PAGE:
Either extreme is going to cause problems. If you’re rigid and robotic in your movements, even if the technique appears perfect, you’re going to end up creating so much tension within your body that you’re fighting against your own strength. You’ll never be able to perform at a high enough level to maximize your results like this.

That being said, if you go to the opposite extreme and just throw caution to the wind and lift the most weight you can possibly move with no regard for technique then you’re going to destroy your body.

The sweet spot is right in the middle. Here’s my own basic rule of thumb: choose your weight and emphasize your technique only to the extent that you can still keep your face relaxed.

For instance, if you’re performing a deadlift, you do need to be aware of your general alignment so that you don’t hurt yourself – but don’t lose that primal side of you that simply enjoys picking up heavy shit for the fun of it.

Since so many of us view exercise purely as work, we’ve lost the playful spirit of enjoying physical activity that we used to have as kids. If you want to get fit, and STAY fit for a long time to come, then you need to stop treating exercise like a chore.

3. Emphasize The Basics

First off, I want to point out that I said emphasize the basics, not stick to the basics as most say. The difference is that I believe in creating your foundation with the basic exercises that we all know work, but I also think it’s necessary to leave some room for exploration and experimentation.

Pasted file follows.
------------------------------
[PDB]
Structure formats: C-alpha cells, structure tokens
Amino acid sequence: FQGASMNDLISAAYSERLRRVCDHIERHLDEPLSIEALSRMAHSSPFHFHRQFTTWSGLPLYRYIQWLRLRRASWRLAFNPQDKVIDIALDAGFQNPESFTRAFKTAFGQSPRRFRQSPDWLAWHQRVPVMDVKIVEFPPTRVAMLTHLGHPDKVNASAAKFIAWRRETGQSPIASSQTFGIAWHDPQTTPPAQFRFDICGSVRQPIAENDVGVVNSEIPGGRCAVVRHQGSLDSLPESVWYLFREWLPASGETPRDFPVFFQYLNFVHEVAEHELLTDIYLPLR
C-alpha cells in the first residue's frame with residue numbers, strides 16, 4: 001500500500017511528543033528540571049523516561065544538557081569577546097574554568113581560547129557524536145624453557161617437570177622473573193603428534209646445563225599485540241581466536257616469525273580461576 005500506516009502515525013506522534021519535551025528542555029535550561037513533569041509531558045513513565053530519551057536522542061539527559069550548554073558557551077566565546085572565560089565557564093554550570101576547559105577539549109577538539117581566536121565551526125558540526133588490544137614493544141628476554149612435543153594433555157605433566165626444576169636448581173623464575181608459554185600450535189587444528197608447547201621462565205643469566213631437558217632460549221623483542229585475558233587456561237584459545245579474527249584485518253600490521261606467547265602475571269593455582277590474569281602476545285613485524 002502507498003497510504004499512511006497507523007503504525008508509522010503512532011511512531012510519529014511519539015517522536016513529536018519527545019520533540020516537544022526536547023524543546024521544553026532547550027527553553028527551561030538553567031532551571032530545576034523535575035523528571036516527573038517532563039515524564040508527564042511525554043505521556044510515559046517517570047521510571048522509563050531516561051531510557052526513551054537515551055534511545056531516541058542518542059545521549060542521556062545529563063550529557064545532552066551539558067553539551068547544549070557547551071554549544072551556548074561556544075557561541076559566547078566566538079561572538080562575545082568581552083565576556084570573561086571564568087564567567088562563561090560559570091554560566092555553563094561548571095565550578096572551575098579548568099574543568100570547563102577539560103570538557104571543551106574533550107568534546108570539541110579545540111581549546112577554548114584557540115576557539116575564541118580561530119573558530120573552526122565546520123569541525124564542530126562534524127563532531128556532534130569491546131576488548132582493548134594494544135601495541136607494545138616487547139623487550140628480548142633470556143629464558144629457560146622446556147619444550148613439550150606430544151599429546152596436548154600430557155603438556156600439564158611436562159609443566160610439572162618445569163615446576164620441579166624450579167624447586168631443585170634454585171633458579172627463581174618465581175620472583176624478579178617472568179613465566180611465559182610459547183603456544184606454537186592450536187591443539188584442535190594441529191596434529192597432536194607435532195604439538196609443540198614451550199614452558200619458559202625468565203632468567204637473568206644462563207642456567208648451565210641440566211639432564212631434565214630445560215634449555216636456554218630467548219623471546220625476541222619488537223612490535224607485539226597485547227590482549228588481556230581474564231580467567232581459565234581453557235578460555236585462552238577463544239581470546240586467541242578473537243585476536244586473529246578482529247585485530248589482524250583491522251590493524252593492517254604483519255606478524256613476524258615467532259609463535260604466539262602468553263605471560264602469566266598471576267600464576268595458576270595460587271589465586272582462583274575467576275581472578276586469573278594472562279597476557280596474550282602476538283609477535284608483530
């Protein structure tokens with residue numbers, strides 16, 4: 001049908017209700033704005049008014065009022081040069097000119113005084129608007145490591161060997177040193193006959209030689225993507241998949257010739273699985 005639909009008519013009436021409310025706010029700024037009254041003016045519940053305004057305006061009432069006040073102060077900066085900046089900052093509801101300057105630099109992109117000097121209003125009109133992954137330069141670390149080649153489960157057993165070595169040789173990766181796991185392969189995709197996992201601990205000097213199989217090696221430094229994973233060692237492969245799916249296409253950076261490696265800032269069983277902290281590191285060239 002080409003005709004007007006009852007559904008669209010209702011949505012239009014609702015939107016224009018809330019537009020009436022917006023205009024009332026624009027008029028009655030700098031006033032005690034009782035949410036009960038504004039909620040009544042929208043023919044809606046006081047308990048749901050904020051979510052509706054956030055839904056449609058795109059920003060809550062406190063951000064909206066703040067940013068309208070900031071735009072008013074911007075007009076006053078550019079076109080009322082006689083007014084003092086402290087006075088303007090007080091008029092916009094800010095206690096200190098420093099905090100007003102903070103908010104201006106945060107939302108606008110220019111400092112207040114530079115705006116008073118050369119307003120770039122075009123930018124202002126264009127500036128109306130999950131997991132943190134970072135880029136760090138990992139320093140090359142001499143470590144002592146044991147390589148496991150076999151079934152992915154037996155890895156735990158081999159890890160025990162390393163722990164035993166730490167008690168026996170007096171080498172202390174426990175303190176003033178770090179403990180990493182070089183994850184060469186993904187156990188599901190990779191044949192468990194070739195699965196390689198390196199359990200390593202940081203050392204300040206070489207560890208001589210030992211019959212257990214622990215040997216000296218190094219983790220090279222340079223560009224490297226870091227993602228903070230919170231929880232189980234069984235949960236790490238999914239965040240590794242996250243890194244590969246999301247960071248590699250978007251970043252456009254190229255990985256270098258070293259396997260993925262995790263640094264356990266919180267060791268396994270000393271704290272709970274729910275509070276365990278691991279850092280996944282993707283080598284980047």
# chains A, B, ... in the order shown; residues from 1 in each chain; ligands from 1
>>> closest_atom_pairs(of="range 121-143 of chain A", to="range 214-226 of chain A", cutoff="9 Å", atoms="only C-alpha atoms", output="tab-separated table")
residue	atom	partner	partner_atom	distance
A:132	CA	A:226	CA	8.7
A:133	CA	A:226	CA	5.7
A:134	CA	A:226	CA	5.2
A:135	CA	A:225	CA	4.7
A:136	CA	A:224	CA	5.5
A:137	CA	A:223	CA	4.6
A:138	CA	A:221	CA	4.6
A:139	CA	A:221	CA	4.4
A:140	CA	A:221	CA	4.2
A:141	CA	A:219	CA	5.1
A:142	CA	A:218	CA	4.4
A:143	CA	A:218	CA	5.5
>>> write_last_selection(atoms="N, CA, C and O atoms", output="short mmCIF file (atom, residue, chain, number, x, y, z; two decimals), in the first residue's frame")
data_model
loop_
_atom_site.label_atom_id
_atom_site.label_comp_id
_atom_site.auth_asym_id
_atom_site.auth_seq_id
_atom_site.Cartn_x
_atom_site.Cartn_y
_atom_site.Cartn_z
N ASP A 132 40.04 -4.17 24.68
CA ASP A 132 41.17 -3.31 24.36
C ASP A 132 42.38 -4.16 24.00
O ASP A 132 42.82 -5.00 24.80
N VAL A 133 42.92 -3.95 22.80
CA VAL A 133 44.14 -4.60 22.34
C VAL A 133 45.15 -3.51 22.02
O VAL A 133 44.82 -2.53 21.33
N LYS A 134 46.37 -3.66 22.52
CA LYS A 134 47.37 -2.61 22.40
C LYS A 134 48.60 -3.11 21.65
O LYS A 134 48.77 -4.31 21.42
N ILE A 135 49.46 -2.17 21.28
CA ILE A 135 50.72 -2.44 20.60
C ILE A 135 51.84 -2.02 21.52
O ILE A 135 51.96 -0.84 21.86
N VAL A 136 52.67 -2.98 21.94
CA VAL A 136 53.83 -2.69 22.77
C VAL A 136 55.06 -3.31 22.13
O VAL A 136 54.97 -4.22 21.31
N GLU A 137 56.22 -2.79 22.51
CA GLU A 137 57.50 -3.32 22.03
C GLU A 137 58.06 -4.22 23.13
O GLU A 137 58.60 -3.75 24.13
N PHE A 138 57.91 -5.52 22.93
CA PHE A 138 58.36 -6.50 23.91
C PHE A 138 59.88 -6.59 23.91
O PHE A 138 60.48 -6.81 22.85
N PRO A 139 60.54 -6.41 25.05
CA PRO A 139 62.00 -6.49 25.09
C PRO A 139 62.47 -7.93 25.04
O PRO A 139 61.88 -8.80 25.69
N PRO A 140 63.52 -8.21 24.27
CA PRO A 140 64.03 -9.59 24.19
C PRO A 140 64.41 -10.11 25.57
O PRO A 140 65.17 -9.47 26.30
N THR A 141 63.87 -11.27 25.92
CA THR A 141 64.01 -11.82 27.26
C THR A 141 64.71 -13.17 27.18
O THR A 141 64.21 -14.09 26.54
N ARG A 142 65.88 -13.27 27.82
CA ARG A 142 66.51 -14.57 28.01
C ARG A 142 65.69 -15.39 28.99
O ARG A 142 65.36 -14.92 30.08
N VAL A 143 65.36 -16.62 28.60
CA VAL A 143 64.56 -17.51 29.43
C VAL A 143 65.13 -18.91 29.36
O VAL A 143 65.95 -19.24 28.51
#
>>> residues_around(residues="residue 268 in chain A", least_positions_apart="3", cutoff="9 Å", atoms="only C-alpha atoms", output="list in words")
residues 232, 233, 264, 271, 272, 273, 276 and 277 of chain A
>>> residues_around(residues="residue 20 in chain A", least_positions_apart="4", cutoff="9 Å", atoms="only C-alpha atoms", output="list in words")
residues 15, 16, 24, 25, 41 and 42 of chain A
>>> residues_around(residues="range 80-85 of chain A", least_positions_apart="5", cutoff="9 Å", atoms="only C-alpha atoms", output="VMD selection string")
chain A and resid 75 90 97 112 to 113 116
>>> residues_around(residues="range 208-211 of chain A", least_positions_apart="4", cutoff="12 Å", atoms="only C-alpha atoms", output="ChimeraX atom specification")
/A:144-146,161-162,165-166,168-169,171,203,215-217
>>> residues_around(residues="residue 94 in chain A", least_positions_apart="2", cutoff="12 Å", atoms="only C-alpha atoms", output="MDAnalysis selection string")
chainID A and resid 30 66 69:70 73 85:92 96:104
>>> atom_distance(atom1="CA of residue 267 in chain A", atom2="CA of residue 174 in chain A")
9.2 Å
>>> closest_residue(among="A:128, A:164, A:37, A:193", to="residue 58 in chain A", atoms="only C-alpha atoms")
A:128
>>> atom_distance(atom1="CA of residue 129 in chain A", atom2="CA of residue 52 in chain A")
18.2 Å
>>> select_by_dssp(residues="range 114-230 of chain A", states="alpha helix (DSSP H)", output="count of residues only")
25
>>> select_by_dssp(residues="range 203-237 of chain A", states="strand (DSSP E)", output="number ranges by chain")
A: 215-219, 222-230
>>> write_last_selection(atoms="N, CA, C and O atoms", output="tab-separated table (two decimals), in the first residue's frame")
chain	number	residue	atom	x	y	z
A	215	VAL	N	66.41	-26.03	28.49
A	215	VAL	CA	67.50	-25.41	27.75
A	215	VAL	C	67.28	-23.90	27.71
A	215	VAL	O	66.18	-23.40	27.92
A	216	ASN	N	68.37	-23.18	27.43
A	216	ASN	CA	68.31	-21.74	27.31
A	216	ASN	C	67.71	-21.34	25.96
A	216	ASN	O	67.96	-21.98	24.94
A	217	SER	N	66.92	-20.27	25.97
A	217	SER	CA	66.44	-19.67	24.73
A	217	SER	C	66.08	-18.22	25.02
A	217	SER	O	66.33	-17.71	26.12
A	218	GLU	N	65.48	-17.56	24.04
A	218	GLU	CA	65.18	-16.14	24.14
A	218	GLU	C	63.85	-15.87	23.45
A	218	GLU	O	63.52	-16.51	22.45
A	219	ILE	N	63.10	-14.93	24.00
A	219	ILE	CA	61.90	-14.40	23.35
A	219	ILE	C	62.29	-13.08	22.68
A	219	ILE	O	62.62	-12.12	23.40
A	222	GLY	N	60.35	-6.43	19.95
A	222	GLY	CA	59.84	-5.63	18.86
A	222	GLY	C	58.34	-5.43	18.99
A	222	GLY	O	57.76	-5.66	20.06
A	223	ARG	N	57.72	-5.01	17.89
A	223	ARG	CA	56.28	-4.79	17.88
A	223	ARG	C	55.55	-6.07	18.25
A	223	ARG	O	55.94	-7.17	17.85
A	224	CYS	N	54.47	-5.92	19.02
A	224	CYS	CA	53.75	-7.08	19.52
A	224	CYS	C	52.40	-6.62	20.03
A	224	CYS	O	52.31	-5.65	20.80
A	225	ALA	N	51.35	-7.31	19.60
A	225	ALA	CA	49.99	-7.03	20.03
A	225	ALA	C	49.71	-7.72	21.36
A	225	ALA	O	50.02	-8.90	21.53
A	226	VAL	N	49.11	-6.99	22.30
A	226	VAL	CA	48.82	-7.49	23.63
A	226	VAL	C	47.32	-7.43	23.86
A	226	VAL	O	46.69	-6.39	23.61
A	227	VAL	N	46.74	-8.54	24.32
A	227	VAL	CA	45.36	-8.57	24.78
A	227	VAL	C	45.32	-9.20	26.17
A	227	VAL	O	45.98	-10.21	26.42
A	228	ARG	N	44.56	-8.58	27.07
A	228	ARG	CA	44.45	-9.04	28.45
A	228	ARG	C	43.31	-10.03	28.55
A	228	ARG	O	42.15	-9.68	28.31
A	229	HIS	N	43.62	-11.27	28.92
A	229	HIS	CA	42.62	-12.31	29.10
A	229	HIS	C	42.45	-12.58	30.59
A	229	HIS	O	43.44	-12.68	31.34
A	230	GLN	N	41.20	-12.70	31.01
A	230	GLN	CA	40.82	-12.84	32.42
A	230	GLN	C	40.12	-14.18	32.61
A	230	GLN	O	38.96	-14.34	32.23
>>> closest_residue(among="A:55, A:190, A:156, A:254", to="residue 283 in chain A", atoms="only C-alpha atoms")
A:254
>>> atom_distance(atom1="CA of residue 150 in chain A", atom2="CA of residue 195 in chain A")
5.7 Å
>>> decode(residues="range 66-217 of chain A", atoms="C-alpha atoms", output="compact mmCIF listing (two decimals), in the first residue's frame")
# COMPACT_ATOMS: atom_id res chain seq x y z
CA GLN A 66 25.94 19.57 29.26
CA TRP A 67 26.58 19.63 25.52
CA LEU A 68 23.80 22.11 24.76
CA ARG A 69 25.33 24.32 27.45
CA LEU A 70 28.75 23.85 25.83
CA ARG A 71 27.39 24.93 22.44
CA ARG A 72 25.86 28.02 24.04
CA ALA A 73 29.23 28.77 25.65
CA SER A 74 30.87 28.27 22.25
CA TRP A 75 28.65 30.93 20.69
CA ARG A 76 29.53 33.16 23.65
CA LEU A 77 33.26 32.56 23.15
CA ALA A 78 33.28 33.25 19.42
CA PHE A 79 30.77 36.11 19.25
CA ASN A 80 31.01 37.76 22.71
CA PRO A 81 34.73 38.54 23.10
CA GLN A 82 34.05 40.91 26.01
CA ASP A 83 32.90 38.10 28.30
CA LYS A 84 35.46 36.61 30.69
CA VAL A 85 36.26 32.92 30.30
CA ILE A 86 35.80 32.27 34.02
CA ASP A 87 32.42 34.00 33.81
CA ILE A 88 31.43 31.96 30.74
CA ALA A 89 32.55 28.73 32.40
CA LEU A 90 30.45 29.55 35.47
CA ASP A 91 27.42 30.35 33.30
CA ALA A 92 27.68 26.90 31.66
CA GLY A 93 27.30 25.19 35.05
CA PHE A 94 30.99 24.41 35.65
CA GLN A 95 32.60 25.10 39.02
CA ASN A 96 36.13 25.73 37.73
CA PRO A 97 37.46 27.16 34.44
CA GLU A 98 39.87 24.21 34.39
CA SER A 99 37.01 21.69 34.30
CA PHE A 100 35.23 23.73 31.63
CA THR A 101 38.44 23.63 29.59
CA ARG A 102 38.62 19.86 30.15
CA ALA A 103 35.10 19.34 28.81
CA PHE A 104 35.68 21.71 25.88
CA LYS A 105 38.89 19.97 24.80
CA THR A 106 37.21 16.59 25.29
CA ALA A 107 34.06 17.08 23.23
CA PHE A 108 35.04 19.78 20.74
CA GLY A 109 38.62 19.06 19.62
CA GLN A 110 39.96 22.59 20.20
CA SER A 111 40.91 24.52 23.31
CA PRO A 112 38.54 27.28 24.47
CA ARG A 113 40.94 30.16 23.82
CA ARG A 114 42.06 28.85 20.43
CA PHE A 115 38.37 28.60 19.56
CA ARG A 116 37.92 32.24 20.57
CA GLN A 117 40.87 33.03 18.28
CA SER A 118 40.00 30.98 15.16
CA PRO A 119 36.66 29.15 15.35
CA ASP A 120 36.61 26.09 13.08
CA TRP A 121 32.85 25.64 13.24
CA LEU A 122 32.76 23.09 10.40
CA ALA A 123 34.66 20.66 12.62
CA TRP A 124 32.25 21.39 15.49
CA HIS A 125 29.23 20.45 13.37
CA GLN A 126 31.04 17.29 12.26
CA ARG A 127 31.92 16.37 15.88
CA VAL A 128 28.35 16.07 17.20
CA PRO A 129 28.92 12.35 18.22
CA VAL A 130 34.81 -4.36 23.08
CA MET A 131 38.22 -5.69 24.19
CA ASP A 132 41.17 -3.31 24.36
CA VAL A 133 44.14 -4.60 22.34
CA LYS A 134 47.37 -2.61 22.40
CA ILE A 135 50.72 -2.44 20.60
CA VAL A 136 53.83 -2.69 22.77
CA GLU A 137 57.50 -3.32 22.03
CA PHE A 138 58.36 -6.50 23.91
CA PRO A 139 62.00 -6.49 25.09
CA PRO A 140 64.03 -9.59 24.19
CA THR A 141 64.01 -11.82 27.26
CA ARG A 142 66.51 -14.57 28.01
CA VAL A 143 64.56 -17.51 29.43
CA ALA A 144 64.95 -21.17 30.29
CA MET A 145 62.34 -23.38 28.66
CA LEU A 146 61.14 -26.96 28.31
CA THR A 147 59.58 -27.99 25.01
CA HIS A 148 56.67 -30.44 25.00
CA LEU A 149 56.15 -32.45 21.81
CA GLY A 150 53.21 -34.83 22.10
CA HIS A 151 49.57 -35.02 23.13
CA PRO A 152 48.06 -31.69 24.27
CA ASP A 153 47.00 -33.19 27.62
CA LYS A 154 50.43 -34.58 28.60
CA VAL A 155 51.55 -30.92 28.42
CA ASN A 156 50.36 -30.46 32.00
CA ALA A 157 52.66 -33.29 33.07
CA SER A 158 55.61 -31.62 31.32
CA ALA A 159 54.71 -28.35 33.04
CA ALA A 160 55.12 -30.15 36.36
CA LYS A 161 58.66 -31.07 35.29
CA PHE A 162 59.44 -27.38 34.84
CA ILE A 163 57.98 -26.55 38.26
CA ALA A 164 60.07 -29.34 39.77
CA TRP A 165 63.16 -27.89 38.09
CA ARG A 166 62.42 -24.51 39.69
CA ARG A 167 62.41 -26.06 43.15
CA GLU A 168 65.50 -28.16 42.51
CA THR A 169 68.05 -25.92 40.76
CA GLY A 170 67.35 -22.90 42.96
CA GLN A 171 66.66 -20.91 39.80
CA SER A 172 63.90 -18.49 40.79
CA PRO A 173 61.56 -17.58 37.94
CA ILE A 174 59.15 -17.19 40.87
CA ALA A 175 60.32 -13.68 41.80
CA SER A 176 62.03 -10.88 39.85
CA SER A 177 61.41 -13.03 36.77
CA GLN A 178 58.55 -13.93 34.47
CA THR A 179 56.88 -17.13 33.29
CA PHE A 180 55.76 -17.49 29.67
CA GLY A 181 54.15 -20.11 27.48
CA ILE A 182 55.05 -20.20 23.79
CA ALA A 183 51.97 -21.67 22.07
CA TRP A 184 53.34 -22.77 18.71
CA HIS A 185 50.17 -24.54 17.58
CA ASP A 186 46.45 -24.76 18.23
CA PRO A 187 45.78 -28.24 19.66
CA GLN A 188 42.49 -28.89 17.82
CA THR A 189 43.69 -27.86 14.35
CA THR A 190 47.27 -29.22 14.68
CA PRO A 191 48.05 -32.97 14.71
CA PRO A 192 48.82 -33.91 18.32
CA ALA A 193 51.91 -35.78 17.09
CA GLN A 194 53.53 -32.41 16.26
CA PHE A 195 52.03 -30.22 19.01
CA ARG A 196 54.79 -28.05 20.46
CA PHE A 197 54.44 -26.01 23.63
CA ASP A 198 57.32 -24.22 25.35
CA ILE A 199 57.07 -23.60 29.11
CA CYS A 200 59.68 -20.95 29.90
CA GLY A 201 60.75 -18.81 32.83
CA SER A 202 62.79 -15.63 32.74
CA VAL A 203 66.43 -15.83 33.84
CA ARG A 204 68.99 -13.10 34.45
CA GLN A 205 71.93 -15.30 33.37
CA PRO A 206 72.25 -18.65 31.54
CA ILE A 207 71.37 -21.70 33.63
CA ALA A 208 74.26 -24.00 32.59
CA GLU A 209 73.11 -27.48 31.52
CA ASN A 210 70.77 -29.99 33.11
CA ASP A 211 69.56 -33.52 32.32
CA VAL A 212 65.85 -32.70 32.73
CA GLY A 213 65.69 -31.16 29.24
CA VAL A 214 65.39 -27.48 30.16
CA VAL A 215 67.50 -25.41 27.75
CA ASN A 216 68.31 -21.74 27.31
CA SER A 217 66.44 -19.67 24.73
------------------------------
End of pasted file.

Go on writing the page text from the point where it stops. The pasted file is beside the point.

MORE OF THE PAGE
If your entire program revolves around 1 arm, 1 leg exercises standing on a balance board, you’re simply not going to get the results you’re hoping for.

However, if 80-90% of your exercise selection revolves around known commodities like push-ups, rows, squats, etc., then using the other 10-20% to explore slightly unorthodox exercises can be a great way to keep yourself balanced.

Notice I said slightly unorthodox, though. It doesn’t need to be wacky and ridiculous looking. Simply throwing in some exercises that modestly challenge your balance or force your body to control uneven tension (such as doing push-ups with one hand elevated or further forward than the other) is a great way to combat compensations and imbalances.